Mehrangiz Kar: My Husband Was Tortured and Forced to Confess by Presidential Candidate Ghalibaf’s Police
Presidential candidate Mohammad Bagher Ghalibaf played a key role in major human rights violations as the commander of Iran’s police forces, Mehrangiz Kar, a lawyer who defended human rights in the Islamic Republic, told the Center for Human Rights in Iran (CHRI).
“Mr. Ghalibaf was insistent on torturing, imprisoning and ruining the careers of journalists as well as artists and intellectuals working in theater and the film industry on the basis of my husband’s forced confessions,” Kar told CHRI. “With such a background, Mohammad Bagher Ghalibaf is not fit to become president.”
Before he became the mayor of Tehran in 2005, Ghalibaf oversaw the persecution of journalists and intellectuals as commander of police forces from 2000-05. Kar’s husband, writer and intellectual Siamak Pourzand, committed suicide in 2011 at the age of 80, ten years after he was detained and tortured during Ghalibaf’s reign.
Pourzand was arrested in 2001, brutally tortured and forced to make a televised confession. A closed court sentenced him to 11 years in prison, but he was later released. He was re-arrested in 2002, along with a group of other Iranian writers and journalists, and released again after his health deteriorated, but was prevented from traveling outside the country.
Ghalibaf’s biography on the state-funded “Sacred Defense” website, which purports to document the Iran-Iraq War (1980-88), boasts of his role in “the arrests and interrogations of dozens of intellectuals, journalists, editors of news sites and bloggers such as Aydin Aghdashlou, Houshang Golmakani, Nooshabeh Amiri, Houshang Asadi, Masoumeh Seyhoun, Bahram Beizai, Younes Shokrkhah, Farhad Behbahani, Kaveh Golestan, Nasser Zarafshan and Behrouz Gharibpour by the police in 2001.”
The biography was taken down on May 8, 2017, but an archive of the page can be found here.
“Some, such as Siamak Pourzand, were in detention for months,” adds the bio.
The bio also quotes Ghalibaf saying in 2002: “Pourzand engaged in a series of anti-cultural activities that were not within the boundaries of the Islamic Republic. He provided information to Reza Pahlavi (the eldest son of Iran’s last monarch living in exile).”
Speaking to CHRI, Kar said: “Ghalibaf’s henchmen first abducted my husband and took him to a basement in a police station and did everything to torture him. Then Ghalibaf picked Judge (Jafar Saberi) Zafarghandi to extract the ‘confessions’ he was looking for so that he could use it against the reformists.”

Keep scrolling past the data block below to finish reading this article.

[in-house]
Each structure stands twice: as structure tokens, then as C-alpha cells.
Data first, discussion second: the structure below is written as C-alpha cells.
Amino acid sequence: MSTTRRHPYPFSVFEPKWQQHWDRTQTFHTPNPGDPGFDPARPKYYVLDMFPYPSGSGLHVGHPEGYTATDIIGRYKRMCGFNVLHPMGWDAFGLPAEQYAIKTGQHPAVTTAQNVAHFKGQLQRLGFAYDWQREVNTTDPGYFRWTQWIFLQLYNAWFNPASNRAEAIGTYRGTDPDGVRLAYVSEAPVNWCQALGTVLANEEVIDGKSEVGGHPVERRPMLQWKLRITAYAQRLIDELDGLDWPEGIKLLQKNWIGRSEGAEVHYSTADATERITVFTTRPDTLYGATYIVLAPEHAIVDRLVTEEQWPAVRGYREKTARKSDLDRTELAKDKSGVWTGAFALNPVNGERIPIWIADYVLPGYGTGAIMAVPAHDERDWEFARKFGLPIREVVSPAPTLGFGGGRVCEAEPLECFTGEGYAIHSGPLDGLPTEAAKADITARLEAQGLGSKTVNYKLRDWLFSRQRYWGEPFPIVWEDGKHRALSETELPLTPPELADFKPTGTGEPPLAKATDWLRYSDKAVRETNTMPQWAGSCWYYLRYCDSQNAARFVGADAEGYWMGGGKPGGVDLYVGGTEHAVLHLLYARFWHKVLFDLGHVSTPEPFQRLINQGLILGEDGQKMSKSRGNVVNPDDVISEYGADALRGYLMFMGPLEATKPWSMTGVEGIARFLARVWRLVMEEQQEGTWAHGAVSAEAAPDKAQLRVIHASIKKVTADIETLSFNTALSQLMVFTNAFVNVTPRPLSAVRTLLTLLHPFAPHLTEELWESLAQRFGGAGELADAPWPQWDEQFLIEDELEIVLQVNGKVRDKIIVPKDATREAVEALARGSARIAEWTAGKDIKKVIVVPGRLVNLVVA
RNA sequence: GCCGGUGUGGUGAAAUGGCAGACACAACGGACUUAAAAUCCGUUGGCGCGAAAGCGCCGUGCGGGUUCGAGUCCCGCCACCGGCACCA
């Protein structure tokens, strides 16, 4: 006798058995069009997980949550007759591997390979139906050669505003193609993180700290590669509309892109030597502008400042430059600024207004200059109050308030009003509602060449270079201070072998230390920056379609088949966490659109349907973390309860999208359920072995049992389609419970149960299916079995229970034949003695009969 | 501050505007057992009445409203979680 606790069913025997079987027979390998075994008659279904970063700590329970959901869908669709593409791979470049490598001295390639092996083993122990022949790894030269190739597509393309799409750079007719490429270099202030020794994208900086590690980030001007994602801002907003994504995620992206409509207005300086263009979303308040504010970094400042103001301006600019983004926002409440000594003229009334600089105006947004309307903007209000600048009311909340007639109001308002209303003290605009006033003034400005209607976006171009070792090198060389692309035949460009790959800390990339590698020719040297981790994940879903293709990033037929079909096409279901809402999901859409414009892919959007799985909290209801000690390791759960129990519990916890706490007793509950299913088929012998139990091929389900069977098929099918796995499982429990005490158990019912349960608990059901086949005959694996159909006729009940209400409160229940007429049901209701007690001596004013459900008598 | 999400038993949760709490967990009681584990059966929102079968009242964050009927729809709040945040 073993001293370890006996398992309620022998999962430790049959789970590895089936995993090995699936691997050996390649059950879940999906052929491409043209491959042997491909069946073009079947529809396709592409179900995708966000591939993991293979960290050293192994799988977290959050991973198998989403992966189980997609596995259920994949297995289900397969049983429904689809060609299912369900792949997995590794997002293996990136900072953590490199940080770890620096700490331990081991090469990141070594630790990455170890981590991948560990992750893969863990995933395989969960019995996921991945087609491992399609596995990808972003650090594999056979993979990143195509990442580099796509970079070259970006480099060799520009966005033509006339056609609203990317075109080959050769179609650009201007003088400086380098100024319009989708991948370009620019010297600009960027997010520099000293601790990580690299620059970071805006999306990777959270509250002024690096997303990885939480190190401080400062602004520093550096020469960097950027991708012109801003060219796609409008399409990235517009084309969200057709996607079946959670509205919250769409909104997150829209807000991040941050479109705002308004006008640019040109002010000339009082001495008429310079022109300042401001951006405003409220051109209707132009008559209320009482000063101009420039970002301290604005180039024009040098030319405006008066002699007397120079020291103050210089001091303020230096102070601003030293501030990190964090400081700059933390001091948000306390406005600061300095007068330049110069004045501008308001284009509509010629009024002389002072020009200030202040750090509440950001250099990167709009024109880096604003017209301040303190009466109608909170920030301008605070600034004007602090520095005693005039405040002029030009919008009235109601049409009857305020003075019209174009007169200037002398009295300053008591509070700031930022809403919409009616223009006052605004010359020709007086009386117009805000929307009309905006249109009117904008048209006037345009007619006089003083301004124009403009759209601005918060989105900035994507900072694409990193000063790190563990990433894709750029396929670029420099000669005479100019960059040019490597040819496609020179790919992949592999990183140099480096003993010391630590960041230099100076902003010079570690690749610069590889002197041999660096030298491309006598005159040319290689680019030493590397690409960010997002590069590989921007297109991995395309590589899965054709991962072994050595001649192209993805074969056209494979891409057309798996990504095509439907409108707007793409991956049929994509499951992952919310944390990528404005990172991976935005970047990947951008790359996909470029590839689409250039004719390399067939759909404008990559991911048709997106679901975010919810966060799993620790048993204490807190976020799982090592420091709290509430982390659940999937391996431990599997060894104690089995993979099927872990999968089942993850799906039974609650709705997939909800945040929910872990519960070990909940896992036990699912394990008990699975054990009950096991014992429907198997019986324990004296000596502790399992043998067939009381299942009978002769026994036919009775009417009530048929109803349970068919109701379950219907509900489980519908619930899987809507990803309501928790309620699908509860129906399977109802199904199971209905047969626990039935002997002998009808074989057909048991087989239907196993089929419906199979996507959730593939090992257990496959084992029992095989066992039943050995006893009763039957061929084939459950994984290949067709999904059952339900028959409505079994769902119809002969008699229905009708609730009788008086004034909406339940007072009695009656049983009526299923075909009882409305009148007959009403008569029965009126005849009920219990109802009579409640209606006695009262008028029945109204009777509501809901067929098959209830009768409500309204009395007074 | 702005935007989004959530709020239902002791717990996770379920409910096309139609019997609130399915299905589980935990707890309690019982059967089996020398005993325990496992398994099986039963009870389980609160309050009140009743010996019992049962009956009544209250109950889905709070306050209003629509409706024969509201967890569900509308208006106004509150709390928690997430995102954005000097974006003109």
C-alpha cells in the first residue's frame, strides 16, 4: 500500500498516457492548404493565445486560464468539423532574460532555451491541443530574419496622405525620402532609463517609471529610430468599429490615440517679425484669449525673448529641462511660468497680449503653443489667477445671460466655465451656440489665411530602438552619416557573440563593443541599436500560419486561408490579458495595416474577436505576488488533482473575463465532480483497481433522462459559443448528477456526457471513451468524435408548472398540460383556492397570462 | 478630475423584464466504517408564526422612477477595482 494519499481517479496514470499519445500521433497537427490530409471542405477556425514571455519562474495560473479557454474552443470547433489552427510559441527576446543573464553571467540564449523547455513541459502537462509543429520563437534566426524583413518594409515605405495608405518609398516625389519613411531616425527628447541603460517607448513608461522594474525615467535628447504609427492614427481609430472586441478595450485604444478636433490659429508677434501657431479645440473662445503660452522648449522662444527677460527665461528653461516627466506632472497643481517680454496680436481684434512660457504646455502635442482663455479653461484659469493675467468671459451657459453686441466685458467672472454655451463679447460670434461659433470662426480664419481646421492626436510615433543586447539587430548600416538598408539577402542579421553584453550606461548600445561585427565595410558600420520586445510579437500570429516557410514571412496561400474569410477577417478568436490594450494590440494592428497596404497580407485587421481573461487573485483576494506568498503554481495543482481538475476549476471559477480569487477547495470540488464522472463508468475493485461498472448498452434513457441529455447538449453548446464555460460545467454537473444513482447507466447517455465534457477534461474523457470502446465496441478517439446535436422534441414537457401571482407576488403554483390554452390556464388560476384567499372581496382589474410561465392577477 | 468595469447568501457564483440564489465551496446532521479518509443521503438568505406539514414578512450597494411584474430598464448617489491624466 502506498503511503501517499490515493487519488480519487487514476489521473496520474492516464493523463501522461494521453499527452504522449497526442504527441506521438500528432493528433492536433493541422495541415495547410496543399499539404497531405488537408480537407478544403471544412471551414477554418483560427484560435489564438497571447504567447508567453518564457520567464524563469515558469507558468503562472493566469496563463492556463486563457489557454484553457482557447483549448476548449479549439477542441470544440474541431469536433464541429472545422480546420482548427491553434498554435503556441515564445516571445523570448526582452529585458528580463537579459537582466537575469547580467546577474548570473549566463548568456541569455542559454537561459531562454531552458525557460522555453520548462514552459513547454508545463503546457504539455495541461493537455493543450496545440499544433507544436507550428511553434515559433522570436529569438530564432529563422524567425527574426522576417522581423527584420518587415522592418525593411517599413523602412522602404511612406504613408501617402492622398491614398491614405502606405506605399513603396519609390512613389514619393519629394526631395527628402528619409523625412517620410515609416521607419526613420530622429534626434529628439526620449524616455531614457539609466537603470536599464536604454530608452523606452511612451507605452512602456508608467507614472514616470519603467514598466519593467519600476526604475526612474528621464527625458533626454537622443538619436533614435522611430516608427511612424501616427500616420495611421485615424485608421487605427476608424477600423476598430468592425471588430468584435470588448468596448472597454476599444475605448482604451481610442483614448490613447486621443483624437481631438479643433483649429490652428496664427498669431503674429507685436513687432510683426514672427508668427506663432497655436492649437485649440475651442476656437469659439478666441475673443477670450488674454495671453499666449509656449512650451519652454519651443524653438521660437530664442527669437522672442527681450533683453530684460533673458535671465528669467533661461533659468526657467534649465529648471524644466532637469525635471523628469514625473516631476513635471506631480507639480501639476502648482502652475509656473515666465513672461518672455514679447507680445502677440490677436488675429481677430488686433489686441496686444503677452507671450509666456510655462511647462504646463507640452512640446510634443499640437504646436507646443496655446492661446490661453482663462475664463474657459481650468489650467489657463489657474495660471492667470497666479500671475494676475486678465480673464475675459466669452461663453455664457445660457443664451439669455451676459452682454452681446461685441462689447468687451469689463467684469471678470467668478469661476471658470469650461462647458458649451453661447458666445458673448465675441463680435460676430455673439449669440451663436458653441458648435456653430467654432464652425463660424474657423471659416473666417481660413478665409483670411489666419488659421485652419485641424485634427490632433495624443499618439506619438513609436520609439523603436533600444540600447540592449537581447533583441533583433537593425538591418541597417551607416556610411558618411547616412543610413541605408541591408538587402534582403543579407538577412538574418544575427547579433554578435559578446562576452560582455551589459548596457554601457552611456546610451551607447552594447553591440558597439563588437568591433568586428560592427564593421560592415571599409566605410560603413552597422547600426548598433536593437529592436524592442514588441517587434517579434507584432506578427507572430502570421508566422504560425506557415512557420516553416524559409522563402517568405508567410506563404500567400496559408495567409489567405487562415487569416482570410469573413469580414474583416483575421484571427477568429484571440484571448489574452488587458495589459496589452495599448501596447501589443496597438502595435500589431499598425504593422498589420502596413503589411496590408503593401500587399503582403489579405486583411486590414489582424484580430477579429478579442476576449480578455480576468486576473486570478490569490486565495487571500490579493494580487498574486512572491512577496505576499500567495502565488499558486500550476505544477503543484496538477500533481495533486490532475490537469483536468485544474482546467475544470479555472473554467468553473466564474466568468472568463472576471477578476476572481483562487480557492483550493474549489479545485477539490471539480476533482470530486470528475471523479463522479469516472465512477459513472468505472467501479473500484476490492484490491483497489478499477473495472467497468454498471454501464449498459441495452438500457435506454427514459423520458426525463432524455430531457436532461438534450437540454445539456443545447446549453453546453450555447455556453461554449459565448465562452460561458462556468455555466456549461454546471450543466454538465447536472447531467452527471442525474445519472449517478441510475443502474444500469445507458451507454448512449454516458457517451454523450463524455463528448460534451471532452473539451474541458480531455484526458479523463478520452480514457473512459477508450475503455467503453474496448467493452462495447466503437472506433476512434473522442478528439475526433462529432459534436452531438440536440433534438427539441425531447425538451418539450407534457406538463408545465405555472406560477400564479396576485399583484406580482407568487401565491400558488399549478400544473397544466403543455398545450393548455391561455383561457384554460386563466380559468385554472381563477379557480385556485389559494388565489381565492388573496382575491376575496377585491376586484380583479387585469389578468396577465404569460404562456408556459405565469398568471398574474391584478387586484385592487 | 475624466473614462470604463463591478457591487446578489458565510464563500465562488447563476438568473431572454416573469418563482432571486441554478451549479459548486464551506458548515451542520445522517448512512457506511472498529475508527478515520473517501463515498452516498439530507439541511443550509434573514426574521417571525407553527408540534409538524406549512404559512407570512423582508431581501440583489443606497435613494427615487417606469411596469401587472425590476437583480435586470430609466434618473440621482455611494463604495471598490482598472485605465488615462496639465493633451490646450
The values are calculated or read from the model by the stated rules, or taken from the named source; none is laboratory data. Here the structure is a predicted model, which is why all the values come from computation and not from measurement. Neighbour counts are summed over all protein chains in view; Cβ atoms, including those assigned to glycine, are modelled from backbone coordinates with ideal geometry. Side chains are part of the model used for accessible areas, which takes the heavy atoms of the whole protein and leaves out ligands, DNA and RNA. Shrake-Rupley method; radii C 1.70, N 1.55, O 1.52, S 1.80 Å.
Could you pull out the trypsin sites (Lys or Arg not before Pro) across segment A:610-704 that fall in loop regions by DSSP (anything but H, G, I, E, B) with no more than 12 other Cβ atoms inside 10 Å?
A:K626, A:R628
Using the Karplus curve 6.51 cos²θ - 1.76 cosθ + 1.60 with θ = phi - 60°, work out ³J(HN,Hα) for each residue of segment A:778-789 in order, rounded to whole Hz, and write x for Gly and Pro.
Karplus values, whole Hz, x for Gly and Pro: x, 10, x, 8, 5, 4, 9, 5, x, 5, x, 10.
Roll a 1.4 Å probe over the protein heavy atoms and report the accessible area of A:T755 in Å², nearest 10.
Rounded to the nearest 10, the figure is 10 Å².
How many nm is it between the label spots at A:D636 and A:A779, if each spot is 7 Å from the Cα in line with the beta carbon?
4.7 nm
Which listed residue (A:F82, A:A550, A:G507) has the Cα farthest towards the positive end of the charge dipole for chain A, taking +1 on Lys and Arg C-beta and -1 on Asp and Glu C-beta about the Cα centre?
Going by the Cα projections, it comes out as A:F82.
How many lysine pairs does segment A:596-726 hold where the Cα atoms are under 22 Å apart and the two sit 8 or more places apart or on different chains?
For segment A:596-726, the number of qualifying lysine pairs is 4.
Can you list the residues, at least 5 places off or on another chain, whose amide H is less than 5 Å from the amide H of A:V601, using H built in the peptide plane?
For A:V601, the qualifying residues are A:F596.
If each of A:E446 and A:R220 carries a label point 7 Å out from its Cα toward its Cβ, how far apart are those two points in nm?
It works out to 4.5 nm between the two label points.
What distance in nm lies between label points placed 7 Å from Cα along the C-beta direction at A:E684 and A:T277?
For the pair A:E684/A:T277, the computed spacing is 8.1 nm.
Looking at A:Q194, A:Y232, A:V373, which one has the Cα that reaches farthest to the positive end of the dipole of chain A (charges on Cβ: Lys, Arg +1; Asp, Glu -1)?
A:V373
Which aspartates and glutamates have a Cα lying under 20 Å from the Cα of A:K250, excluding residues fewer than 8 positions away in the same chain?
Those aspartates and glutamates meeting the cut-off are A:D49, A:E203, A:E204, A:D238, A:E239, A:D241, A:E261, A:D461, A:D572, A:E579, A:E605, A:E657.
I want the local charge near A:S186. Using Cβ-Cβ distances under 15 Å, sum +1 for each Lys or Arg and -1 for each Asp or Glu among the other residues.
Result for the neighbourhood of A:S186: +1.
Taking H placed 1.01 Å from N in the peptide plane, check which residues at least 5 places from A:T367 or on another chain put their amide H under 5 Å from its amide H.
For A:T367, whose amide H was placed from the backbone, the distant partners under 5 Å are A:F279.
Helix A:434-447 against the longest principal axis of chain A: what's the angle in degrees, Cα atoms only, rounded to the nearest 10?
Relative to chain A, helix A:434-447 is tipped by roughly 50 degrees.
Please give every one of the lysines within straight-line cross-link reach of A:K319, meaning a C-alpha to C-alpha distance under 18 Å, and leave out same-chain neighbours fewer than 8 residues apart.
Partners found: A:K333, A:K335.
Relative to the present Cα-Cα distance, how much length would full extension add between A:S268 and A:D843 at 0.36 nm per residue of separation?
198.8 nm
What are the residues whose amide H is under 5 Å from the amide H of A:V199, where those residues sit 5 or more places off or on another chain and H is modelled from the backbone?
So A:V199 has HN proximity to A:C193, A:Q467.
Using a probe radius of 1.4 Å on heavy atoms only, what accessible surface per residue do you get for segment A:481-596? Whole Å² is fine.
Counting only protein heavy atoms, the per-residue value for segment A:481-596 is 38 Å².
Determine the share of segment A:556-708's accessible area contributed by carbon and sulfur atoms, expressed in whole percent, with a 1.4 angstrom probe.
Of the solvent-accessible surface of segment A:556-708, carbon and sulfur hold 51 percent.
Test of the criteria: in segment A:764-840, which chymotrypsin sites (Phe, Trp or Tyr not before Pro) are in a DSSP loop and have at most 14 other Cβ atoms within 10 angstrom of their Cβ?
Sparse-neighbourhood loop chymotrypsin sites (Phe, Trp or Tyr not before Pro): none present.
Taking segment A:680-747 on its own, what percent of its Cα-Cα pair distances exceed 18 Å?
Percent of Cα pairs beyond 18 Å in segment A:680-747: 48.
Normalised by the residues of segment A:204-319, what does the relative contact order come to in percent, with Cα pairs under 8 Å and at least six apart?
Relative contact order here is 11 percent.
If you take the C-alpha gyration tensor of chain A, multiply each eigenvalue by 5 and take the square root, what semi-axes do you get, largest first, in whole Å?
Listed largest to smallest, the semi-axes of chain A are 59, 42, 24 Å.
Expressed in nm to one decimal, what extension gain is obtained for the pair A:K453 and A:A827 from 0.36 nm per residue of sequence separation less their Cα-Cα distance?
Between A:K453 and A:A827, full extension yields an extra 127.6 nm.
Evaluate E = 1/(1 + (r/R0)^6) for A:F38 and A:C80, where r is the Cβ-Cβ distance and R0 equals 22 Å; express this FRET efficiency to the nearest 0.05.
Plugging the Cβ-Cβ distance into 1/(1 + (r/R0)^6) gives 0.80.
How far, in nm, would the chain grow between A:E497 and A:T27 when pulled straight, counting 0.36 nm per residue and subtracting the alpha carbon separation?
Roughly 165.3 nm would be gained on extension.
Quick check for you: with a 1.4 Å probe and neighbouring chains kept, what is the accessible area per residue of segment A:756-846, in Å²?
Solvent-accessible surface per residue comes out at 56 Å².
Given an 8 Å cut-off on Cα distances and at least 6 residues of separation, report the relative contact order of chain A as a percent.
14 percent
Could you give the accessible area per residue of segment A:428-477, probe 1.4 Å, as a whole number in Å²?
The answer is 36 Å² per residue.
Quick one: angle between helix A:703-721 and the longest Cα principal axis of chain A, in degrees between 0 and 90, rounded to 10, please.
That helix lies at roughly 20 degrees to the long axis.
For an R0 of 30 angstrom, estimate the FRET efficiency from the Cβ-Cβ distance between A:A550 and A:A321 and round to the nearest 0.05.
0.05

“I have information that my husband was beaten so badly that there was blood on the papers he used to write his ‘confessions,’” she added.
Kar, who was a public defender in cases involving human rights and supporter of pro-democracy forces in Iran before she settled in the US in 2001, said she spoke about her husband’s case with former reformist President Mohammad Khatami (1997 to 2005).
“When Mr. Khatami visited Harvard (in 2006), he told me he had nothing to do with my husband’s arrest. He was basically saying another faction was responsible. I told him, what’s the difference? I said your Islamic Republic put all this pressure on an old man and destroyed his family,” she said.
“He looked at me and shook his head without saying a word,” she added. “So in fact, it was the police, under Ghalibaf’s command, who were responsible for my husband’s arrest and interrogation under torture.”
Kar also criticized the other presidential candidates for failing to uphold human rights in Iran.
“None of them are acceptable,” she said, including incumbent president Hassan Rouhani and his Vice President Eshagh Jahangiri, both of whom “did not improve the human rights situation in Iran in their four years in power.”
“They were not able to convince the police, the Revolutionary Guards, the judiciary or the Intelligence Ministry to end the arrests and inhumane actions against human rights that have brought shame upon Iran around the world,” she said.
“There has been no improvement in the situation of the Baha’is (banned religious minority), women, or ethnic minorities and the number of executions remains high,” she added.
As for candidate Ebrahim Raisi, the current custodian of the wealthy Astan Quds Razavi religious institution, Kar said “he’s certainly not qualified to become president because there are no more doubts about his role in the 1988 prison massacre.”
“We can’t really call this an election,” she continued. “It doesn’t have the elements of a healthy process.”
“In its own limited way, there are debates and discussions and some excitement, but I’m surprised why the candidates are not asked any questions about human rights,” said Kar.
“Why doesn’t anyone ask what they plan to do after they are elected to protect the lives and livelihood of Baha’is and allow them to study in universities? Or what they will do to reduce executions, especially of underage convicts? Or how they plan to improve conditions for women in the workforce?” she added.
Several prominent Iranian defenders of human rights have spoken out against the human rights records of Iran’s 2017 presidential candidates, including Nobel laureate Shirin Ebadi, and prominent lawyer and former political prisoner, Nasrin Sotoudeh.